CIC research associate Said Sabir Ibrahimi was interviewed by The New York Times in an article about recent violence in Afghanistan's capital.
“I think everyone in Kabul feels unsafe, they feel like the government isn’t delivering,” said Ibrahimi. “The Ghani administration is focusing on individuals by giving Saleh the security profile as if it’s a silver bullet.”
Congo Research Group director Jason Stearns spoke to The New York Times the arrest of President Felix Tshisekedi's chief of staff Vital Kamerhe on corruption charges.
Stearns noted that the arrest might jeopardize the coalition between Tshisekedi and Kamerhe's parties. "The coalition was important ahead of the elections, but ever since he was inaugurated, there have been people around Tshisekedi pushing him to get rid of Vital," he said.
The New York Times quoted CIC Senior Fellow Hanny Megally in coverage of a new U.N. report on war crimes in Syria.
Megally is a member of the United Nations Commission of Inquiry on Syria, which has determined that recent attacks on civilians by Russian and Syrian forces amount to a “crime of intentionally terrorizing the population.” “We are seeing that picture emerging very clearly, for example, in Idlib,” Megally told reporters in Geneva.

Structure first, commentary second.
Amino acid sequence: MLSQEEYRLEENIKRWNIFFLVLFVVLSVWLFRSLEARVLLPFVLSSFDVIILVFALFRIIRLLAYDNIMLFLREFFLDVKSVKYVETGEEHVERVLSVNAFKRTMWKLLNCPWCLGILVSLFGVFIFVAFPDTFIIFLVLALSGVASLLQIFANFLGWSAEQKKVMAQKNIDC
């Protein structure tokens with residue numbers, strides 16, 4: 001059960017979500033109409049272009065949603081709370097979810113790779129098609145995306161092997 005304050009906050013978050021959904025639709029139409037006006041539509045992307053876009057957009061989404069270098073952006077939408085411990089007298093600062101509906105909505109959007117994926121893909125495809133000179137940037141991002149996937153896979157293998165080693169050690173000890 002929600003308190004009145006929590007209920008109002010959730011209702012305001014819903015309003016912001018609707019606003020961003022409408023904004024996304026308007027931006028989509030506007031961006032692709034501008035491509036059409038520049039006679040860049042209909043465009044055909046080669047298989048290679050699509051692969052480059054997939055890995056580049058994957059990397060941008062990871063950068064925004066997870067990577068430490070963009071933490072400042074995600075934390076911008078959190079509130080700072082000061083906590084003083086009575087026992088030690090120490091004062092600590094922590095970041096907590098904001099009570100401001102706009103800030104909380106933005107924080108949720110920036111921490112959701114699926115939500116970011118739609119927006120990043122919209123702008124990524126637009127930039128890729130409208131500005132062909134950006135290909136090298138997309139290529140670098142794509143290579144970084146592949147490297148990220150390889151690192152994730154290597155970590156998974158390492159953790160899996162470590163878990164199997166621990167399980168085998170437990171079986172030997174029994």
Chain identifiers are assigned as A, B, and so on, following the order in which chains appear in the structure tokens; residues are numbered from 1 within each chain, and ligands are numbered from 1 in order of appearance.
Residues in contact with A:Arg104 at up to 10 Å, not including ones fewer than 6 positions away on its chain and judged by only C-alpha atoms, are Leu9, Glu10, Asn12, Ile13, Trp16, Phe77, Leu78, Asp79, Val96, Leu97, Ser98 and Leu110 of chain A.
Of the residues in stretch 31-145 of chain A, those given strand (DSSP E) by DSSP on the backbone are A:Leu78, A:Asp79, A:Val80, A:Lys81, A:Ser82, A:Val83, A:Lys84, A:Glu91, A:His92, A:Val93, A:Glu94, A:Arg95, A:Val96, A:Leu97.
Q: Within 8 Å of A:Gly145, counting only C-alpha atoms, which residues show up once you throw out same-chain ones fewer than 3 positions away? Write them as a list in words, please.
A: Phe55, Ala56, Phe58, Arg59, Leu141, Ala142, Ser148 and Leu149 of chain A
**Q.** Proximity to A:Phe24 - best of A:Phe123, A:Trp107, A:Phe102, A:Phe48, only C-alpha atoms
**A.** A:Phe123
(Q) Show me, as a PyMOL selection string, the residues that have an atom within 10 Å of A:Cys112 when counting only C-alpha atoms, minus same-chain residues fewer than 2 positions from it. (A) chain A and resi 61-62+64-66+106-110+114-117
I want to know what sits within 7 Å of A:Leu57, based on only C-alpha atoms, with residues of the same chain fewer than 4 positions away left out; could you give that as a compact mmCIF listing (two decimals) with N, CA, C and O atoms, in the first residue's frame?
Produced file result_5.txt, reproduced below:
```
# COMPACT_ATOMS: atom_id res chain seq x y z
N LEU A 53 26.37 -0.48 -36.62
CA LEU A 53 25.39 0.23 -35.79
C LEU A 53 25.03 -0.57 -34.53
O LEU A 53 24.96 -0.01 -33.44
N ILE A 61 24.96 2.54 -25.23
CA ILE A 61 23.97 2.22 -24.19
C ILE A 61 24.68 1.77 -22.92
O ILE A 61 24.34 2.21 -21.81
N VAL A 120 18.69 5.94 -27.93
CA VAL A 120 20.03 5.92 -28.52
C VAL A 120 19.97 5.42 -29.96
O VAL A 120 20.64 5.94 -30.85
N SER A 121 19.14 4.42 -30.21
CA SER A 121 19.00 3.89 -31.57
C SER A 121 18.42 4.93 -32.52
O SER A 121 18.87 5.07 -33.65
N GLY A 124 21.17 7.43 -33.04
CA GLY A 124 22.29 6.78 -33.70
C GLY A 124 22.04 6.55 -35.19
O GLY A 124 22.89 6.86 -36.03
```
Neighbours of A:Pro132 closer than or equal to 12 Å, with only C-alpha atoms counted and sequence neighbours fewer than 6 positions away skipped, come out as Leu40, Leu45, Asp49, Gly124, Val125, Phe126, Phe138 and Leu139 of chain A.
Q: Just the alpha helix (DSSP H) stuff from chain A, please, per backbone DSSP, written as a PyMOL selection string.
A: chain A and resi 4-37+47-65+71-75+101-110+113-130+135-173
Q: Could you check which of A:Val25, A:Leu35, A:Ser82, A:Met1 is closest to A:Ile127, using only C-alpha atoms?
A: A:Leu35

In an essay for The New York Times Sunday Review, Non-Resident Fellow James Traub asks whether liberalism has a future in a United States beset by populist politics.
Traub argues that "forty years of swelling illiberalism on the right—and some reciprocal illiberalism on the left—have deeply corroded" public faith in political institutions, and a Democratic victory in 2020 will be insufficient to restore that faith without a new commitment to liberal values.
Non-Resident Fellow James Traub reflects on the former Secretary-General Kofi Annan's idealism and the vision he had for the United Nations. For a system where "norms mean nothing without the political will to enforce them", a day when Mr. Annan's ideals prevail over political maneuvers is yet to come.
Along a quiet cease-fire line in Cyprus, U.N. peacekeepers handle an increasingly old-fashioned job: actually keeping the peace. The last deadly incident was in 1996. Today's challenges include keeping poachers and rogue farmers out of no man's land. "Most of the time we don't wear weapons," said the force commander, Maj. Gen. Kristin Lund.